Moonrise over Mt Sanford. An unusually clear view of this mountain from 90 miles away on the Denali Highway

From Denali Highway in Alaska
Beautiful yellow valley

From Clearwater Mountains in Alaska
Denali Highway in Alaska
Packed up and ready to go. This was a great way to transport the meat. It stayed cool, didn't stink up the car, and didn't even get dusty at all from the dry road.

From Clearwater Mountains in Alaska
Windy Creek Road

From Clearwater Mountains in Alaska
Alaska Range from Mile 52 Denali Highway. The left-most double peak is 12,510-foot Mt Shand (left) and 13,020-foot Mt Moffit (right). The other two tall peaks, middle and right, are unnamed (at least on Google Earth). The peak on the horizon about 2/3 of the way from Mt Moffit to the unnamed middle peak is 11,400-foot McGinnis Peak.

From Denali Highway in Alaska
Denali Highway in Alaska
Fireweed. This is what Alaska's iconic purple flowers look like once they've gone to seed

From Clearwater Mountains in Alaska

Closeup insects by Entoman from Mystery Creek #178 in Idaho

Female Psychoglypha alascensis (Limnephilidae) (Snow Sedge) Caddisfly Adult from Mystery Creek #178 in Idaho
This specimen was 22 mm.
Female Timpanoga hecuba (Ephemerellidae) (Great Red Quill) Mayfly Dun from Mystery Creek #178 in Idaho
This specimen is 14 mm. Technically this is the subspecies T. h. hecuba. The Cascades, Sierras and further West is where the other subspecies, T. h. pacifica is found. The Great Basin seems to have formed a barrier preventing any overlap in their distribution.

Comments / replies

Crepuscular
Crepuscular's profile picture
Boiling Springs, PA

Posts: 920
Crepuscular on Sep 20, 2013September 20th, 2013, 4:35 am EDT
OK Now you're just showing off! ;)
the moonrise photo is ridiculous! I love it.
Feathers5
Posts: 287
Feathers5 on Sep 20, 2013September 20th, 2013, 5:37 am EDT
Awesome photos. You have to be living a dream.
Jmd123
Jmd123's profile picture
Oscoda, MI

Posts: 2474
Jmd123 on Sep 20, 2013September 20th, 2013, 12:03 pm EDT
Jason, those colors are just mindblowing. Do they look just like that to the naked eye as well? Your photography is superb at bring them out. Wow, words just can't describe this...Thanks so much for sharing your adventures up there!

Jonathon
No matter how big the one you just caught is, there's always a bigger one out there somewhere...
Troutnut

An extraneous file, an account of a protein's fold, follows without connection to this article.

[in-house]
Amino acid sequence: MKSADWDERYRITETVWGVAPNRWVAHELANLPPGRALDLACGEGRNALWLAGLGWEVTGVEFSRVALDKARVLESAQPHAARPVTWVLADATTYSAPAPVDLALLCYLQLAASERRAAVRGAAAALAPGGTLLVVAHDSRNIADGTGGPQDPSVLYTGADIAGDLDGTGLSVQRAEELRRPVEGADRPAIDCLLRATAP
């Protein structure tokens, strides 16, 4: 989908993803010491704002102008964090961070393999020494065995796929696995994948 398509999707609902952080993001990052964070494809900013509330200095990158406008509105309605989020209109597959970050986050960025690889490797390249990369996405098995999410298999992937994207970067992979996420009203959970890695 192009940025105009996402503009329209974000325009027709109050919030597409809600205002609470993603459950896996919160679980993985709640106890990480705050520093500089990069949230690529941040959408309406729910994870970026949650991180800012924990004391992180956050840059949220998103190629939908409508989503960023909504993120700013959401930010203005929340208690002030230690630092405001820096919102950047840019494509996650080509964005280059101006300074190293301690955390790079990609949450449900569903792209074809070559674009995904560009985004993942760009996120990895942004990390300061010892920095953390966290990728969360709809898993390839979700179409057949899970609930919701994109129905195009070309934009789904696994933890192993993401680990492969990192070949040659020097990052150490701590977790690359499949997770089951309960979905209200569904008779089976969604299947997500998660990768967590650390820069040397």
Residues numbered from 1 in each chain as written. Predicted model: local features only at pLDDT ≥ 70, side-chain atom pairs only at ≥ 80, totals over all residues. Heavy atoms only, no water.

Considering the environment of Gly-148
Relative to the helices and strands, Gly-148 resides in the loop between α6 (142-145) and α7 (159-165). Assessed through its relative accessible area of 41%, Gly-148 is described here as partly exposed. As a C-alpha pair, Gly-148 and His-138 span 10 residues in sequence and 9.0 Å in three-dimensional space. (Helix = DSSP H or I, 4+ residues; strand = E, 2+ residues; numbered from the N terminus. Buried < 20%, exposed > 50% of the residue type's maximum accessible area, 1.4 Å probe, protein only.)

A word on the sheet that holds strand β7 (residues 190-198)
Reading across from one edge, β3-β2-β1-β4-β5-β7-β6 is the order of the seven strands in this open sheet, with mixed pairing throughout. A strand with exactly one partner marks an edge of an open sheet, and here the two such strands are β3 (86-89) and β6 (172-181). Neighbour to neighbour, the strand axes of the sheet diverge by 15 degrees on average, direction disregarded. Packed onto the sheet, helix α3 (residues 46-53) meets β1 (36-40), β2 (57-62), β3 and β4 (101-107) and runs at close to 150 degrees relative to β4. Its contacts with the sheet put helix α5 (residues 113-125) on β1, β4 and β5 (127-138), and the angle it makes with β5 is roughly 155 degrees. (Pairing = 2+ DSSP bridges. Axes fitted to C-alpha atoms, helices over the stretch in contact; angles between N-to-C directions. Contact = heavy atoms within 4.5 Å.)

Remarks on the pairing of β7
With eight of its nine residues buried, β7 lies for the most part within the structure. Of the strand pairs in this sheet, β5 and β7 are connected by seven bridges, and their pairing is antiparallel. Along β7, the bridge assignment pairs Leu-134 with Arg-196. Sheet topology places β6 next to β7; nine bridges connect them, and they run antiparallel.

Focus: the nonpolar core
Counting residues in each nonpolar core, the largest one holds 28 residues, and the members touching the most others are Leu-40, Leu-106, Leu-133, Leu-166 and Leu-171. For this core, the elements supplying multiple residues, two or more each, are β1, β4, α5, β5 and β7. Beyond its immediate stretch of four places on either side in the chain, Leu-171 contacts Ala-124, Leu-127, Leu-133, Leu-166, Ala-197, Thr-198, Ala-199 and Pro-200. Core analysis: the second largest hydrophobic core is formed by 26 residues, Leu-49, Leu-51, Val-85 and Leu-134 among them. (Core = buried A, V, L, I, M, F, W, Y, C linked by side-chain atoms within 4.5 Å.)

Troutnut's profile picture
Administrator
Bellevue, WA

Posts: 2758
Troutnut on Sep 20, 2013September 20th, 2013, 1:18 pm EDT
Yes, this is what the colors look like to the naked eye. If anything, they're more vivid in person. They look fantastic in my editing software (Lightroom) but unfortunately the way jpegs and color spaces in web browsers work I can't get them to faithfully reproduce what I see on my screen. Everything on the site is a bit flatter and more muted than the real deal.

I do use a polarizing filter, which brings out deep blue skies and reduces glare in some of the pictures. So a few of them are more like what you'd see while wearing polarized sunglasses. But in general that filter usually just compensates a bit for the camera's shortcomings. No camera really does justice to these scenes.
Jason Neuswanger, Ph.D.
Troutnut and salmonid ecologist
Oldredbarn
Oldredbarn's profile picture
Novi, MI

Posts: 2600
Oldredbarn on Sep 23, 2013September 23rd, 2013, 9:43 am EDT
OK Now you're just showing off! ;)


I agree Eric...He hasn't gone completely native though...Once he parks the bike and gets a 4 wheeler we will never see him in the Lower 48 ever again! ;) That's a sure sign he's done.

Wonderful stuff Jason.

Spence

Riding in Valdez Creek road. We weren't the only ones with this idea. The Department of Fish & Game hotline mentioned that there were some caribou in an an area reachable from this road (several miles in), but it's in a non-motorized area. So people were accessing it via foot, bicycle, and even pack horse. Taiga found the horses very interesting.


I should of read this before I posted!
"Even when my best efforts fail it's a satisfying challenge, and that, after all, is the essence of fly fishing." -Chauncy Lively

"Envy not the man who lives beside the river, but the man the river flows through." Joseph T Heywood
Troutnut
Troutnut's profile picture
Administrator
Bellevue, WA

Posts: 2758
Troutnut on Sep 23, 2013September 23rd, 2013, 10:57 am EDT
Once he parks the bike and gets a 4 wheeler


Never!
Jason Neuswanger, Ph.D.
Troutnut and salmonid ecologist
Martinlf
Martinlf's profile picture
Moderator
Palmyra PA

Posts: 3047
Martinlf on Sep 23, 2013September 23rd, 2013, 3:23 pm EDT
Great photos. In addition to the moon shot, my favorites were the tundra colors and fireweed photos.
"He spread them a yard and a half. 'And every one that got away is this big.'"

--Fred Chappell